On 14 acres west of Austin, Texas, a home-grown manufacturing business is delivering on a sustainable vision. Rehme Steel Windows & Doors manufactures high-end, architectural steel doors and windows for some of the most discerning customers in the U.S. Company founder Peter Rehme, an Austin native, decided to build his factory in the Texas Hill Country because he’s fanatical about quality and wanted to stay close to the design and fabrication process. But building locally also helps deliver on the company’s mission to handcraft simply the best steel doors and windows on the market, and to do so with environmental sustainability in mind.
Sustainability has become a loaded word layered with multiple meanings of late. To some businesses, sustainability is all about environmentalism, and is core to the company vision. Outdoor apparel maker Patagonia includes sustainability in their mission to “Build the best product, cause no unnecessary harm, use business to inspire and implement solutions to the environmental crisis.”
To others, sustainability is part of a long-term strategy – having a sustainable vision today so you’ll be in business tomorrow. Sustainability incorporates socially responsible business practices, care for the environment and a business strategy that will stand the test of time.
Rehme Steel belongs in the second category. The company operates sustainably because it makes sense for the business, the employees, and for the environment.
Company founder Peter Rehme takes a lifecycle view of the production process – from the steel used to build their doors and windows to the energy powering the manufacturing process, to the scrap metal and other waste produced as part of operating a manufacturing business.
Rehme sources 100% American steel because he believes the quality is better, and he wants to support American jobs. But not having to ship steel from China to Texas also avoids the emission of thousands of pounds of CO2 from transportation fuels. Every bit of the sourced steel is recycled from scrap, making it one of the most sustainable raw materials in the building industry.
Recycled steel is just the tip of the iceberg, sustainably speaking. Rehme’s team is vigilant about recycling everything from cardboard waste to soda cans to leftover pieces of scrap — carbon steel, stainless steel, aluminum and copper alloys. And if they’re concerned about the factory’s energy use all they have to do is look up: All five buildings on site are covered in solar panels.
Building Better Doors and Windows, Powered by Solar
Welding machines, sanders, grinders, saws and drilling machines are just some of the tools employed daily to craft Rehme’s products. Some of the buildings operate with the doors open whenever possible, helping with circulation and daylighting, but humidity control is crucial, meaning lots of fans are needed to circulate air. All of this energy was a drain on company resources, as well as the environment.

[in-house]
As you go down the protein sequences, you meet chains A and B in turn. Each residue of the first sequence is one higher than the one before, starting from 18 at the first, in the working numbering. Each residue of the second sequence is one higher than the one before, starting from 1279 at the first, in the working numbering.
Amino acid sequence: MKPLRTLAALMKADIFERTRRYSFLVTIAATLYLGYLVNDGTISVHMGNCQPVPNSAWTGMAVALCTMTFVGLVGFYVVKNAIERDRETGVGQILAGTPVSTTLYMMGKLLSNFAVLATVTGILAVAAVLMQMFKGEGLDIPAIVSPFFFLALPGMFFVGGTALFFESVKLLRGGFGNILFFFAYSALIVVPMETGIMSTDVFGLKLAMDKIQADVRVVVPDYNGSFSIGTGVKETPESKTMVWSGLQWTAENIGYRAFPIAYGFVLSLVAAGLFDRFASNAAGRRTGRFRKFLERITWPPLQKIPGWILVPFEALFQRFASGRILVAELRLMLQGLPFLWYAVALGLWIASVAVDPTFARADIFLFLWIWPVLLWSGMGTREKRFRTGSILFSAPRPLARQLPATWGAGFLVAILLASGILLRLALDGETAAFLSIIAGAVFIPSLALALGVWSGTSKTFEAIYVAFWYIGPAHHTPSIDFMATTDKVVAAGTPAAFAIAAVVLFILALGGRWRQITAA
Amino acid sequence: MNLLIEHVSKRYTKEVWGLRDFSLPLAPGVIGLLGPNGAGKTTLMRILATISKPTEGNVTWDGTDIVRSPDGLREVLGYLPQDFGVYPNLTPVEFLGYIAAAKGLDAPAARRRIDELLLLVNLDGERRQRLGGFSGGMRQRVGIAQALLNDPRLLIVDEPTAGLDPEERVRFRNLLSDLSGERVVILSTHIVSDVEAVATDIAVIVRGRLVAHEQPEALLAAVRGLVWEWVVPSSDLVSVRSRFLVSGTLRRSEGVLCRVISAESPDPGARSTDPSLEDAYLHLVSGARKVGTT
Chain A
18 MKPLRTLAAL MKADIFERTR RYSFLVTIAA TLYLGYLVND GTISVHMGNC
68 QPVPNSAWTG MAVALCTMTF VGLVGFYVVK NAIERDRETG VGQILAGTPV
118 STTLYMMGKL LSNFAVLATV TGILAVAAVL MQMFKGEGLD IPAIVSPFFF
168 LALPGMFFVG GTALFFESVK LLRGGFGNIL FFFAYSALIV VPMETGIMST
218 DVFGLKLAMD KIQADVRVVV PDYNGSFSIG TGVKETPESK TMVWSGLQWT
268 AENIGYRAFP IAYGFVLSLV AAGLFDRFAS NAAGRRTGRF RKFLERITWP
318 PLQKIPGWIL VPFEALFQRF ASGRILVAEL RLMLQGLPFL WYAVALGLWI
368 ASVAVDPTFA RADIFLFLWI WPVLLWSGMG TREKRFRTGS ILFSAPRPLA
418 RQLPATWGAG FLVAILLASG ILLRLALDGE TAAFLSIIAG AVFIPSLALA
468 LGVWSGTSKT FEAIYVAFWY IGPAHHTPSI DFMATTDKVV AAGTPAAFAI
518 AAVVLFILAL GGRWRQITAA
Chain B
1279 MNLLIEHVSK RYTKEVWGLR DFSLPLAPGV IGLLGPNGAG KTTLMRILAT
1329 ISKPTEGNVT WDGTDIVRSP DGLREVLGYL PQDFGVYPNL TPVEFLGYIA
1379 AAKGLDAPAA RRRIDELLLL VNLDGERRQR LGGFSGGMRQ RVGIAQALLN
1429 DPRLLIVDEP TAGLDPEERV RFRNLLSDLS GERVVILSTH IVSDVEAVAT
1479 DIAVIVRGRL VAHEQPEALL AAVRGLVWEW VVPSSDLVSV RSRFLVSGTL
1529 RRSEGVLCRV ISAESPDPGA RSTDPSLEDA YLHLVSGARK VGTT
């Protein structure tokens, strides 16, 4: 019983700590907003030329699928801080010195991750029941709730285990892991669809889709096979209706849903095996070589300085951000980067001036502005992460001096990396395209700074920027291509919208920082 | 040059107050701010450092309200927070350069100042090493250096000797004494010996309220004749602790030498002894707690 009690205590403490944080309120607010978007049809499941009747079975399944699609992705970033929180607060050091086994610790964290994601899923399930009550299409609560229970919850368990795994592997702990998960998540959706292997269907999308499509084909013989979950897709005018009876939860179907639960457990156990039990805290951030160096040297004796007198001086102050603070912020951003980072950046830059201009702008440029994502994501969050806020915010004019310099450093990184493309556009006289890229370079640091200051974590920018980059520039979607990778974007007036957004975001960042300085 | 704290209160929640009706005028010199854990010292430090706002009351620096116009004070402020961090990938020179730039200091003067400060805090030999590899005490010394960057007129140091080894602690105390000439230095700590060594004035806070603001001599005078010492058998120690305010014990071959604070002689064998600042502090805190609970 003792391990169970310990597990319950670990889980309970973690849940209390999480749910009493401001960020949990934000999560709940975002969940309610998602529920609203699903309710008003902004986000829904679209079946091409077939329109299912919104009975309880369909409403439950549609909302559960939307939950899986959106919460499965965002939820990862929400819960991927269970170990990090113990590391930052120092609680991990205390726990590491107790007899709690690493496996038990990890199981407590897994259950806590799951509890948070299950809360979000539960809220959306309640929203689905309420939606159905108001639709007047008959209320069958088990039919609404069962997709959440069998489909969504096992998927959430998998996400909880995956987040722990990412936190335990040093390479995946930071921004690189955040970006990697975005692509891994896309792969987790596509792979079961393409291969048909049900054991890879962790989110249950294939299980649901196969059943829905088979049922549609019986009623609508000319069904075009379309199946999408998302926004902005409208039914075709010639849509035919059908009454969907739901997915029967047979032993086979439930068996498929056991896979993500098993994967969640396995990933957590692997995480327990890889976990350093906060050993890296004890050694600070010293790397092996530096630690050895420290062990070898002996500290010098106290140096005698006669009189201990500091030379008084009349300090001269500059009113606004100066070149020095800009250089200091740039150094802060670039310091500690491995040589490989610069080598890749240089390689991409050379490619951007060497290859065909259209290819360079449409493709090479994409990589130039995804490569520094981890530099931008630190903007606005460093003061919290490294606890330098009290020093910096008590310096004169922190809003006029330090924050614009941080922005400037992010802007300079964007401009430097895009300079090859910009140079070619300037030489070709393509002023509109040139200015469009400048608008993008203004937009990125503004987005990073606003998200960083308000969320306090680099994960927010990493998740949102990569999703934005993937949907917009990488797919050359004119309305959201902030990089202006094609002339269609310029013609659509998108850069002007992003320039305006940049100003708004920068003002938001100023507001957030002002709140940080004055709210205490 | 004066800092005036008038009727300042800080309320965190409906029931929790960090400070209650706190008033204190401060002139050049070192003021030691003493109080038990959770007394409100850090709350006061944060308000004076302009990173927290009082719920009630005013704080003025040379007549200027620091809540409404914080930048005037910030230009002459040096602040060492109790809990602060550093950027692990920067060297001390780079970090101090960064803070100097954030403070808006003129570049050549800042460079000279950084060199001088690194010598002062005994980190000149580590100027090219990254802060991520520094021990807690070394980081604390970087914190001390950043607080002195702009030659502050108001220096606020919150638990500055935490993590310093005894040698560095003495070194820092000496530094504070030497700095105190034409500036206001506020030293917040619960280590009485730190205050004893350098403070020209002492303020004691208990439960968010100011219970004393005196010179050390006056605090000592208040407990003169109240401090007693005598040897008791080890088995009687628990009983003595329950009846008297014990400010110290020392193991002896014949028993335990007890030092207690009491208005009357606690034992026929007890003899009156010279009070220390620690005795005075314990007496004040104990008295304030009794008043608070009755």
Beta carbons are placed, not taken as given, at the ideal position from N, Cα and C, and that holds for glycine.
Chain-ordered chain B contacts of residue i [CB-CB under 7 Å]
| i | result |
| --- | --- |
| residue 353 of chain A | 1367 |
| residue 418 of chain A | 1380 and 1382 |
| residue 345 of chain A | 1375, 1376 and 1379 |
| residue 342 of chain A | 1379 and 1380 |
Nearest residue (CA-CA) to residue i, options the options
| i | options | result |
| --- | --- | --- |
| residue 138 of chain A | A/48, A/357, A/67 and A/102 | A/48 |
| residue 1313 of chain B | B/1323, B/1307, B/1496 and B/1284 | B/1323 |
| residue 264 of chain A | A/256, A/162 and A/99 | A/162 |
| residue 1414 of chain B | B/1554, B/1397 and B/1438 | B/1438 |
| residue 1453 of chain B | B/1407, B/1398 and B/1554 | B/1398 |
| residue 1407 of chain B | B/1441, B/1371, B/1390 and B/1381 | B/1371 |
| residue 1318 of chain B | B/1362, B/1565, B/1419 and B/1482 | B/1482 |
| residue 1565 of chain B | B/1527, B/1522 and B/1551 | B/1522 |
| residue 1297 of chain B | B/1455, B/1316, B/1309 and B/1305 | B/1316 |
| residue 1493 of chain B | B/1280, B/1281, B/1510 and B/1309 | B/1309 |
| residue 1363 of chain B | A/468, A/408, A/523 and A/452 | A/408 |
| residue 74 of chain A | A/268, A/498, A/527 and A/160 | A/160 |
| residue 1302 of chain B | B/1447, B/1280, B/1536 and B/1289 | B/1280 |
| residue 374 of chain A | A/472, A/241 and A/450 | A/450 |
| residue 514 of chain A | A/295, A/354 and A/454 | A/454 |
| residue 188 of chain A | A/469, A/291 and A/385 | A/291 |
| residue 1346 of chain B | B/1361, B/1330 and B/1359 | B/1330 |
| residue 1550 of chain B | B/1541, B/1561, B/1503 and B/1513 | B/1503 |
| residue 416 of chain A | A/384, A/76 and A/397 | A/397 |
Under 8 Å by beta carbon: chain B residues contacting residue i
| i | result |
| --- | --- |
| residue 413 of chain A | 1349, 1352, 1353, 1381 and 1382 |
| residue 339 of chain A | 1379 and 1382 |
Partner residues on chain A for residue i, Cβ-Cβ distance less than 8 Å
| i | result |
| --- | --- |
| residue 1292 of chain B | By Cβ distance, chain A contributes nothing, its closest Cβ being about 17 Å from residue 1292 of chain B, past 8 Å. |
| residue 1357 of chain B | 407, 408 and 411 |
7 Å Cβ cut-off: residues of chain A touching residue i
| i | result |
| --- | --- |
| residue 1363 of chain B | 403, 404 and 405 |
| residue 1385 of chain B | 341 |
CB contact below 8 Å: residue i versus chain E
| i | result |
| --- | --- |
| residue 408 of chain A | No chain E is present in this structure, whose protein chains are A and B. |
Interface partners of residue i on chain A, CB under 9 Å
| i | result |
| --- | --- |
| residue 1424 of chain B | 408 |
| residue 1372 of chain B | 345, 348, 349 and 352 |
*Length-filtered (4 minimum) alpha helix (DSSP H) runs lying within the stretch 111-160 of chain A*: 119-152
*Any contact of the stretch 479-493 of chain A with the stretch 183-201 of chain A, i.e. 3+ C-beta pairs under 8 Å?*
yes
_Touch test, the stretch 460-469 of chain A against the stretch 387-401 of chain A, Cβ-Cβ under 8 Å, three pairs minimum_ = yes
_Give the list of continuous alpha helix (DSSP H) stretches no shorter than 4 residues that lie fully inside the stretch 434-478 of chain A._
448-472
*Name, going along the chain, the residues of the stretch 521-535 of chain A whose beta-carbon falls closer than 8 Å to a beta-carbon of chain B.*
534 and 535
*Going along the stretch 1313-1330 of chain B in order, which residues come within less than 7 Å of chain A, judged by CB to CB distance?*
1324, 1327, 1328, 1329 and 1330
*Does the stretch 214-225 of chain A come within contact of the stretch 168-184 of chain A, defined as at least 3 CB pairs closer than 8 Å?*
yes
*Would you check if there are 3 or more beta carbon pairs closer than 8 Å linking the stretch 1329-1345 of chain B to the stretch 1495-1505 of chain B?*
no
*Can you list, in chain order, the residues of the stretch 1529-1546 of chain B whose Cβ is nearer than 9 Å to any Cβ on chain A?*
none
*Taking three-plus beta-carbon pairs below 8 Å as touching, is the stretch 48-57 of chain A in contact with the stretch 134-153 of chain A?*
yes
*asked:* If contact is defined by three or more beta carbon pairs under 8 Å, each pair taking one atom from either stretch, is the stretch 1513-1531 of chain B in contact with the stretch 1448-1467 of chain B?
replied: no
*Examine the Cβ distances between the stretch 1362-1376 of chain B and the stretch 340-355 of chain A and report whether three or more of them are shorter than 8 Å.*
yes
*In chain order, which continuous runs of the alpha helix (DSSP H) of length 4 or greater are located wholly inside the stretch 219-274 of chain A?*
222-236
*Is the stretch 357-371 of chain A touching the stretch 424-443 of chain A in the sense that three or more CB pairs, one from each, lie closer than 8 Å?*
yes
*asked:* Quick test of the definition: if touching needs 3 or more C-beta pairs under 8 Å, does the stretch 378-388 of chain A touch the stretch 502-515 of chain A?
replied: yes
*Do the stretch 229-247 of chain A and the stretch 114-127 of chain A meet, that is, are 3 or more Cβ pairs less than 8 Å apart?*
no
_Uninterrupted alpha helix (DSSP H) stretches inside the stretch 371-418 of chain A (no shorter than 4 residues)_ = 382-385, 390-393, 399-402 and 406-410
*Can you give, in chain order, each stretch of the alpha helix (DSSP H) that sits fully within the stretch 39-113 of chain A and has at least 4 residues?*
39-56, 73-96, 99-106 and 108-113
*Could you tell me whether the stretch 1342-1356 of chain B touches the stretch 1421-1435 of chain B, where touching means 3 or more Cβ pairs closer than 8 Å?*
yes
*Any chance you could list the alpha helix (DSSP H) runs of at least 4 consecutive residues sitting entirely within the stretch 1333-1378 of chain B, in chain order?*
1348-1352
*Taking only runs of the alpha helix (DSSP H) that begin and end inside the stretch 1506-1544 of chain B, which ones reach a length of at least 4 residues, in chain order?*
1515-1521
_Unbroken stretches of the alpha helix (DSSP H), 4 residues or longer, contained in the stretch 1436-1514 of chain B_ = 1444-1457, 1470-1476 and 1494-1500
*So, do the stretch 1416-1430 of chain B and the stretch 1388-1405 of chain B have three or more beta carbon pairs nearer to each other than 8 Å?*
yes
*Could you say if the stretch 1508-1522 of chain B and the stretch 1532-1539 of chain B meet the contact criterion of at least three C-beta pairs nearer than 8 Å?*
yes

In 2017, Rehme installed a solar power system that now offsets 105 percent of the factory’s electricity use. (The extra energy is credited to their utility bill for times when solar isn’t meeting the full demand.) Better yet, it’s estimated that over its 25-year lifetime the system will offset the equivalent carbon emissions of driving 210,294 miles in a fossil-fueled passenger car.
Austin’s Freedom Solar designed the system, optimizing the size and layout to match each building’s energy load as closely as possible. The fabrication facility, where the welding and most of the assembly takes place, was the biggest energy consumer with the largest roof, so three-fourths of the system’s 240 panels were installed on its roof.
Why Sustainable Manufacturing Makes Sense, Even in Texas
When you ask Peter Rehme why he believes in running his operations sustainably, he will wax poetic, but only a bit.
“Being environmentally conscious is part of my DNA but as a business you have to do more. We have 40 employees and that creates a lot of waste. So we do what we can. It’s impossible for me not to.”
“I do believe there are greener ways to run this earth than burning fossil fuels,” he emphasizes. “But you can’t run a business making green decisions only. When a decision is green and also a good business decision, it’s a no brainer.”
With solar costs plummeting over the last several years, going solar was a good business decision. The system will pay for itself in less than four years. Over the next 25 years the system is expected to return nearly $350,000 to the company’s bottom line in electricity savings.
Employees are on the front lines of Rehme’s sustainability strategy and became more aware of their carbon footprint in part through the energy monitoring system installed with the solar. Rehme now has a bird’s eye view of the facility’s energy consumption, and can zero in on specific areas that are overconsuming.
“Everyone really bought in to reducing energy use once the solar was installed,” Rehme says. “It changed the culture.”
For most businesses, sustainability is a journey, not a destination. By being open to the possibilities of sustainable manufacturing, Rehme took a giant step forward in his company’s sustainability journey. And already it’s paying dividends — for his products, his employees, and for the Texas Hill Country.